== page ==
“It’ll be the very last thing in the last book, which I think is probably book 10,” says Gabaldon.
That could be some time from now. It took the author five years to finish the current title after book seven hit shelves in 2009 and she has not turned a book around in less than two years since 1994.
On her website she tells readers, “An official publication date for this new book has not been announced. In other words: No, I don’t knowyet when I will finish Book Nine of the OUTLANDER series! I am working on it now, and don’t even have a ballpark date.”
Fans may want to temper their expectations about the series length as well. Gabaldon is far from definitive about her plans and has said different things at different times.
Currently on her website she tells readers:
“There’s at least one more. I’ve never been willing to commit to more than one at a time, because I just don’t know — I don’t plan the books out ahead of time. So I have no idea how much ground we’ll cover in each book. But there is certainly one more book, because I wasn’t finished telling the story at the end of book eight.”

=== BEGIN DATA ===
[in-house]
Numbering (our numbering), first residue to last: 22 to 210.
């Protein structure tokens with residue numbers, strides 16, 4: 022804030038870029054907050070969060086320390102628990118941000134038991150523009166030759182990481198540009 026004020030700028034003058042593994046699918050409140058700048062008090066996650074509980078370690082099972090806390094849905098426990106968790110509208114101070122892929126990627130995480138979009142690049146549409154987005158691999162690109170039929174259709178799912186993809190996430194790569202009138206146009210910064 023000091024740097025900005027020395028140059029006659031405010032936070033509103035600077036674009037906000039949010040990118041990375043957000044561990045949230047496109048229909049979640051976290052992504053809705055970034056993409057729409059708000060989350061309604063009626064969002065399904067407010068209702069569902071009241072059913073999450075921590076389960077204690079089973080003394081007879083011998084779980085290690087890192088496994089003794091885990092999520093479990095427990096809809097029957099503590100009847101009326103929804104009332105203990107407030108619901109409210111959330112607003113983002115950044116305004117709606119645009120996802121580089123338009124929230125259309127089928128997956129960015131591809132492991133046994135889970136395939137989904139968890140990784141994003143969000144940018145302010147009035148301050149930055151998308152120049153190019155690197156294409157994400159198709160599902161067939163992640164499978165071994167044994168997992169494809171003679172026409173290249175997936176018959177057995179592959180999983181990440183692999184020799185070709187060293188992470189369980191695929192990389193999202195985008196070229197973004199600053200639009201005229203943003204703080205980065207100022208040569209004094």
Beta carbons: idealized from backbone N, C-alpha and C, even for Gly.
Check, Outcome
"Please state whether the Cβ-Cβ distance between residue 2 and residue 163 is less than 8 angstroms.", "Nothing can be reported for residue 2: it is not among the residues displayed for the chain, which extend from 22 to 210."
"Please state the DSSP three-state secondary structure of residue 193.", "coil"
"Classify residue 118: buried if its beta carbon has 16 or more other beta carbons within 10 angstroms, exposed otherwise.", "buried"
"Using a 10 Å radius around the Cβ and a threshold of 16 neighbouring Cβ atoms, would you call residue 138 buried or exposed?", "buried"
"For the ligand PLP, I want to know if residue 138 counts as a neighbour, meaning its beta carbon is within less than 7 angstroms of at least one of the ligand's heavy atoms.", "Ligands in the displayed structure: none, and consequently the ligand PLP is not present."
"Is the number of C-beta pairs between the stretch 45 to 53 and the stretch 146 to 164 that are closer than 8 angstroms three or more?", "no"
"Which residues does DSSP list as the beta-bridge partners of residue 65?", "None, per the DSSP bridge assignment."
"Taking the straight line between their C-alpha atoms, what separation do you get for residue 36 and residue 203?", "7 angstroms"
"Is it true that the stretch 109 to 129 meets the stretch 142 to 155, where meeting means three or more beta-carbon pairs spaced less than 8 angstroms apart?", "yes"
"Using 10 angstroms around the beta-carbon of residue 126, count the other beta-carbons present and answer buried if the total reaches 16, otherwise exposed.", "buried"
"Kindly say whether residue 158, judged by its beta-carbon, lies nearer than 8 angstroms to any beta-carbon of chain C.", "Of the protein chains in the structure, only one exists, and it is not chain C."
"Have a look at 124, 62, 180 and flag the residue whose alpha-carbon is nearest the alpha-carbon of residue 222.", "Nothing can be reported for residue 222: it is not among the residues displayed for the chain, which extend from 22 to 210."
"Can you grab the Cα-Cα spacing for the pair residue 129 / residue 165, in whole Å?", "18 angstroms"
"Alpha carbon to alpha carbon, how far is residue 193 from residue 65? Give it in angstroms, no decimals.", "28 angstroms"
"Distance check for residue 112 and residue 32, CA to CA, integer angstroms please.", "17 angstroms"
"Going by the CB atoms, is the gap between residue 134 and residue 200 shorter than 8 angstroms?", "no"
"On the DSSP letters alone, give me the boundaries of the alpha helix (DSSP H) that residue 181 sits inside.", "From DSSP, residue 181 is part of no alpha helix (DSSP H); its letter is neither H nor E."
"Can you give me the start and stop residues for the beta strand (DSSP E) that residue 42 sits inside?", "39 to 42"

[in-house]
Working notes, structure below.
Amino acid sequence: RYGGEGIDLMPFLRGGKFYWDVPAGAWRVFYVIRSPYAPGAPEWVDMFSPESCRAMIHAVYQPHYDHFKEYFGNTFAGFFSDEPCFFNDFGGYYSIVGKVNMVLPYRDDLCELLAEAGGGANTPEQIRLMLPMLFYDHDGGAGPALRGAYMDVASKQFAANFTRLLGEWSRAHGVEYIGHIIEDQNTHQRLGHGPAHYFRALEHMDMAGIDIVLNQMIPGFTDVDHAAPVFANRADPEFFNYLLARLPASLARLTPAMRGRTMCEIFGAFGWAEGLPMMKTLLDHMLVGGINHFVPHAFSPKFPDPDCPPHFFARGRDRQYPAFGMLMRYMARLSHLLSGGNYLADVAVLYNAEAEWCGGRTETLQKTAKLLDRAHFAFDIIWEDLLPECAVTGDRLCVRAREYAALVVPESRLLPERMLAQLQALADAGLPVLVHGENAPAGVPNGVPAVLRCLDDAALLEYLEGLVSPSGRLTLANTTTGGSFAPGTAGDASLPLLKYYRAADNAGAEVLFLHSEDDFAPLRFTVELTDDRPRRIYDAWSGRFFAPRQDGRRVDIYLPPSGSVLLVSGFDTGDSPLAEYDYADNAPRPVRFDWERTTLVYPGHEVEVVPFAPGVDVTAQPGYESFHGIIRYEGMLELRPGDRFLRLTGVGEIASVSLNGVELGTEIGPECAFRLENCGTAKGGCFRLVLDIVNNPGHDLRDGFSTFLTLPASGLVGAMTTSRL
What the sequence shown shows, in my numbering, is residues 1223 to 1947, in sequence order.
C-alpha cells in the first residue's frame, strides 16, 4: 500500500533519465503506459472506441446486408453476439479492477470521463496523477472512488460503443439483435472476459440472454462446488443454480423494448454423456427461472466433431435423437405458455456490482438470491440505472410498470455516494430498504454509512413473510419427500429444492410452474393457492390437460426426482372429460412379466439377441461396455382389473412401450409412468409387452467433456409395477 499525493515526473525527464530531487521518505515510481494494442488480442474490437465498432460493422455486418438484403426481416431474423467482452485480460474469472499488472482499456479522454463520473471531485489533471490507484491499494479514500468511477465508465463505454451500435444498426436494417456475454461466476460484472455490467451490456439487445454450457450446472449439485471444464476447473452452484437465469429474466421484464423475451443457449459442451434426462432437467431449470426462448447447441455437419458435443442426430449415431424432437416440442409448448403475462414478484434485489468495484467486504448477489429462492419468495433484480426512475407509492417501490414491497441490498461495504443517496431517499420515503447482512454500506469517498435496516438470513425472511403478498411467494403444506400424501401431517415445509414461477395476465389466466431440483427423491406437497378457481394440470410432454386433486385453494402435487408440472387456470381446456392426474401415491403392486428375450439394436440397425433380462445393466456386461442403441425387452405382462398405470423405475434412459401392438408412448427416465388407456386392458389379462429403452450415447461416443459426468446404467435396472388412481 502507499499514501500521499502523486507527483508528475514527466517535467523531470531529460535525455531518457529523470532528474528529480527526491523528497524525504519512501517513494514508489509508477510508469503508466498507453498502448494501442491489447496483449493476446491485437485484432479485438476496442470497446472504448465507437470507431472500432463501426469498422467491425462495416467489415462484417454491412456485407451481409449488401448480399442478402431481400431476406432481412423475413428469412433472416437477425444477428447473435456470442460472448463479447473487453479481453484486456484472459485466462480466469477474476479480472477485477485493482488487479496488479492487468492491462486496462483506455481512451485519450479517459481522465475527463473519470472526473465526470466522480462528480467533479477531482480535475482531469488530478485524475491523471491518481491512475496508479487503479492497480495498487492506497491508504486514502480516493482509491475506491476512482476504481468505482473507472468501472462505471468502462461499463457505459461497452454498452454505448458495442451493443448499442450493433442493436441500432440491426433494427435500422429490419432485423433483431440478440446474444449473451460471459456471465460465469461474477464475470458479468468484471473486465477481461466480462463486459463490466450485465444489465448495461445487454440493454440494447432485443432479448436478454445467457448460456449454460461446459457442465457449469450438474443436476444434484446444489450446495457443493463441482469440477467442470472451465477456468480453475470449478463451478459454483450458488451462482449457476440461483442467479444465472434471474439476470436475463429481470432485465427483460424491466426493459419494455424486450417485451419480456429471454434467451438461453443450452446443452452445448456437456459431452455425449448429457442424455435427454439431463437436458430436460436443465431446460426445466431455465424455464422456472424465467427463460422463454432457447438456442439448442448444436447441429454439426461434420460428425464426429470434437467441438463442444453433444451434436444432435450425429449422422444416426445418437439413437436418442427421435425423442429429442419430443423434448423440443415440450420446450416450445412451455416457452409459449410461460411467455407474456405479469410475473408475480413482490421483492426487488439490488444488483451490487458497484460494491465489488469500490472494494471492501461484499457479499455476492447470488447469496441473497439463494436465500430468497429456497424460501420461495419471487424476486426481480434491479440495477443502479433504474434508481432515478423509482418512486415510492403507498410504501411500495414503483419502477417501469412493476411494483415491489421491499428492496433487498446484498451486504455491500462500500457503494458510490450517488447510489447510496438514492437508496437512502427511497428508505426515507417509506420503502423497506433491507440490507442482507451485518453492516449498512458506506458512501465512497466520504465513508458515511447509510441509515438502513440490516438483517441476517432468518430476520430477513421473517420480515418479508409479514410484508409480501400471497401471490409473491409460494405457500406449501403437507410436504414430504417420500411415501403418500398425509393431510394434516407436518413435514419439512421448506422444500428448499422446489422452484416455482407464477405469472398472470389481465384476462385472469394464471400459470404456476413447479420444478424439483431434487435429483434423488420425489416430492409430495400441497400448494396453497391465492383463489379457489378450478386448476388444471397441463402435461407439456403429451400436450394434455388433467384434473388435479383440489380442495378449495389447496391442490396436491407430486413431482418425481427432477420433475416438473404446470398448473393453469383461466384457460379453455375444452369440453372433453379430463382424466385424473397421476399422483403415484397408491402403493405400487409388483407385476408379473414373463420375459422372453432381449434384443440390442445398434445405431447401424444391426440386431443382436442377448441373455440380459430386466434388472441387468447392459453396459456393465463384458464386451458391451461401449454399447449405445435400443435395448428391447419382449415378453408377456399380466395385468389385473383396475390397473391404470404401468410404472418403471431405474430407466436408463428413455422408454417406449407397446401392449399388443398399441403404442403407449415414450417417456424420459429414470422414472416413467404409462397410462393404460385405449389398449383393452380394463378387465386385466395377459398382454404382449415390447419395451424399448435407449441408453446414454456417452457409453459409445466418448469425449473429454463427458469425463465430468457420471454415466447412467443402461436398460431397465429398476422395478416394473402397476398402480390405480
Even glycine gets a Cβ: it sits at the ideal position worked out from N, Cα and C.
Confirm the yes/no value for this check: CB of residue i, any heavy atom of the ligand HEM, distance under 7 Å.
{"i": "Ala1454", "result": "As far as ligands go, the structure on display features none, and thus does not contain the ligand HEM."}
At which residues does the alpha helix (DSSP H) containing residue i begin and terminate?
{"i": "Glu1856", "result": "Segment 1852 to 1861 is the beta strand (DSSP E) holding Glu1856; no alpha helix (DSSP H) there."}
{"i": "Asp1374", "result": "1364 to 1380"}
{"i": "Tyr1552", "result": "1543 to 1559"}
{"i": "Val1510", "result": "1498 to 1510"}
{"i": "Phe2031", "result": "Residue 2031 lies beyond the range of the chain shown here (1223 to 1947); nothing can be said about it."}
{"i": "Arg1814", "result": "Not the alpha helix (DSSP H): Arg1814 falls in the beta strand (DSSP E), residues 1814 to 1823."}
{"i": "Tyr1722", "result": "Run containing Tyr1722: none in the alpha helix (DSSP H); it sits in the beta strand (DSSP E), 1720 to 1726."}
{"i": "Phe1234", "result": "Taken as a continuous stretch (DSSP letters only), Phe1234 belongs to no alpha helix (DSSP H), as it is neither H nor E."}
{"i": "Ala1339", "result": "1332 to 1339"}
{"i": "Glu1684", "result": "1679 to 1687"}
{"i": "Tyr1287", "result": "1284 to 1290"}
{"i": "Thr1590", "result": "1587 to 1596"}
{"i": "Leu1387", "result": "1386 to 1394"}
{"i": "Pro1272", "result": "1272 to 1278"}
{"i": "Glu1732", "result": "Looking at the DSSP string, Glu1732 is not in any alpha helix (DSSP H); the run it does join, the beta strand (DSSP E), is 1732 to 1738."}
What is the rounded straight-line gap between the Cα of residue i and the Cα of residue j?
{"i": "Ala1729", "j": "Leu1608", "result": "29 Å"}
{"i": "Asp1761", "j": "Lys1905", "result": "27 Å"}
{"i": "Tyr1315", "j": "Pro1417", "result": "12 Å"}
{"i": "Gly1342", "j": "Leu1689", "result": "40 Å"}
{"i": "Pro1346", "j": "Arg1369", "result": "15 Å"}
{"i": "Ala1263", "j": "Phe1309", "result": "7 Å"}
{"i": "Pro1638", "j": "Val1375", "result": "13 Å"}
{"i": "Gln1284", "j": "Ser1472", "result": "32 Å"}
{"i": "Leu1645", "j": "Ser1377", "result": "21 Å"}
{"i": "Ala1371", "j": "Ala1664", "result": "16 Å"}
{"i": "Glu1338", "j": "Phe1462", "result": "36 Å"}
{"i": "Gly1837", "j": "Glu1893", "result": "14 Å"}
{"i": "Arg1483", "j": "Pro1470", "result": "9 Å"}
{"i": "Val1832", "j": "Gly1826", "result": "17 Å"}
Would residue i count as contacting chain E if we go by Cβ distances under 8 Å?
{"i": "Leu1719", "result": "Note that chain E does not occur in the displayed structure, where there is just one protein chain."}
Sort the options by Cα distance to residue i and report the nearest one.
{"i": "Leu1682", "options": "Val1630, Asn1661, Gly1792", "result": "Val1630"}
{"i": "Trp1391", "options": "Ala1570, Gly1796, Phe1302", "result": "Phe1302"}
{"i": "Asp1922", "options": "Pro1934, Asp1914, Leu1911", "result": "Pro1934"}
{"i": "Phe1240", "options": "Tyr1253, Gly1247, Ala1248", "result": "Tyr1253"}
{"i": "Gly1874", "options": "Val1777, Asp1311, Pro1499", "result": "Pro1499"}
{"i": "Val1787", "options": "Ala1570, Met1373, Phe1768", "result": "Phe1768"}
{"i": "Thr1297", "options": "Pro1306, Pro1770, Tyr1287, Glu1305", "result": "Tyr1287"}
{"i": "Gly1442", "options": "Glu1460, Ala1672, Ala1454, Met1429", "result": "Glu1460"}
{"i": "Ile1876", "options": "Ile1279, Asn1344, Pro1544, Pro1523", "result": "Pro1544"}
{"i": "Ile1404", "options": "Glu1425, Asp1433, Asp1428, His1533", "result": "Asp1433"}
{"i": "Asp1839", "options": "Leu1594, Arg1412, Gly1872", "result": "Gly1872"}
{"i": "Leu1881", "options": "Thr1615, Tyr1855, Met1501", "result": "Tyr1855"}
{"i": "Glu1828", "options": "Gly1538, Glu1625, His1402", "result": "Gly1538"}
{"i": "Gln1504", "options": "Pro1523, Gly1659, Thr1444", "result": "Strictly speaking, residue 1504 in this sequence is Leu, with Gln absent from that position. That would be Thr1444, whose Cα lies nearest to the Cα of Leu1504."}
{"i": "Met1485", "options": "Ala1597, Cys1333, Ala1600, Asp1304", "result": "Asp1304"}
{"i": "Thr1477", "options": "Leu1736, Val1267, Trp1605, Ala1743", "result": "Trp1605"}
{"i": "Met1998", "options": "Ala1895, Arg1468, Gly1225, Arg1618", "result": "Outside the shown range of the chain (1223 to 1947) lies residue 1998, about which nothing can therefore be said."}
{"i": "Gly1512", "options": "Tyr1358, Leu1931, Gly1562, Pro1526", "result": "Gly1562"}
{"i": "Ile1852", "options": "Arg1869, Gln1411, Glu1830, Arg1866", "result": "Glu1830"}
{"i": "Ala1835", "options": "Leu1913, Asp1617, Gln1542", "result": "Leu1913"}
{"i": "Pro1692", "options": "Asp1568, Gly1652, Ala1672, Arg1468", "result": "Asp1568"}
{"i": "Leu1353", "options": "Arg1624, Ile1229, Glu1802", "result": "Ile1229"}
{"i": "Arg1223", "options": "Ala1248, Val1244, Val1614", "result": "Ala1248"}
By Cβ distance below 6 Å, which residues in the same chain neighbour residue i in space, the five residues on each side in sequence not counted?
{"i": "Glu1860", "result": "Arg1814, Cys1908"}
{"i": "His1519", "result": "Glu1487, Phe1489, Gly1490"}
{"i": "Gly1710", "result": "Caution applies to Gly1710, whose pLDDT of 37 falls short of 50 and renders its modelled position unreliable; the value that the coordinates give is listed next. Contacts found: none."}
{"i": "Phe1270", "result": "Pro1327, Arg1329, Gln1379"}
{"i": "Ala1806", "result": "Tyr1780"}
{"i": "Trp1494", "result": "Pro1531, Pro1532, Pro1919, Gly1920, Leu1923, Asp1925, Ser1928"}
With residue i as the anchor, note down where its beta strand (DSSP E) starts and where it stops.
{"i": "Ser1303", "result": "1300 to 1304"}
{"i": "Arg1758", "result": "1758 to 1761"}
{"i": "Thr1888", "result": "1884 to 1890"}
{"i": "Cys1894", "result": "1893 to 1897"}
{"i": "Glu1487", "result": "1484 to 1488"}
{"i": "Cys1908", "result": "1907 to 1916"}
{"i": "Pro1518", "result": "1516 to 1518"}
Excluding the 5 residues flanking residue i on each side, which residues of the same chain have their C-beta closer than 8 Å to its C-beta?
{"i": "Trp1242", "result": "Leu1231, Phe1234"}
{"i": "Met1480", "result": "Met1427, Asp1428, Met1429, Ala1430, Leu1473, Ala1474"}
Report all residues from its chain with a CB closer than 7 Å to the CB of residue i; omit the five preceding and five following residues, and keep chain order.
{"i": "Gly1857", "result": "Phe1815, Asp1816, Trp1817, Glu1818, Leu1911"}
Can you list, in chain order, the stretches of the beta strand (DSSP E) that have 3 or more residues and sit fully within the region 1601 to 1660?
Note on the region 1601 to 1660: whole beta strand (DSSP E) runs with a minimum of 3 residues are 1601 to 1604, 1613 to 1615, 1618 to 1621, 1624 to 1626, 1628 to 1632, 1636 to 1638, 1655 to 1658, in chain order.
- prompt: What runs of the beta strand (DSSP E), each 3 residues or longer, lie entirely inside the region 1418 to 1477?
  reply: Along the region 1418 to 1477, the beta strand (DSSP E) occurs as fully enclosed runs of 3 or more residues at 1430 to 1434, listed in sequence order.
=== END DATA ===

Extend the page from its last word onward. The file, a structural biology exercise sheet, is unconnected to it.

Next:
A recently announced deal will bring the BBC adaption of The Cormoran Strike series of mystery novels by Robert Galbraith (aka J. K. Rowling) to HBO
A similar deal was struck for the adaptation of the author’s The Casual Vacancy, which aired in 2015
Filming for Cormoran Strike is set to begin in London soon, with release possible in 2017. According to Deadline, it will be filmed as three movies, each focused on one of the books, The Cuckoo’s Calling, The Silkworm and Career Of Evil.
Tom Burke (War and Peace, The Musketeers) has been cast as Cormoran Strike,
The first teaser trailer for HBO’s adaptation of Liane Moriarty’s 2014 best seller, Big Little Lies, has just been released. Shailene Woodley plays Jane, a young single mother who moves to a coastal community so her son can attend a better school. There she becomes entangled in the messy lives of the seemingly perfect mothers of her son’s classmates, Celeste (Nicole Kidman) and Madeline (Reese Witherspoon). PopSugar gives a full rundown of the cast, with comparisons to the characters in the book.
The setting has been changed from the book’s Australia to Southern California. The seven-episode series is directed by Jean-Marc Vallee (Dallas Buyers Club), who also worked with Witherspoon on the adaptation of Cheryl Strayed’s memoir, Wild.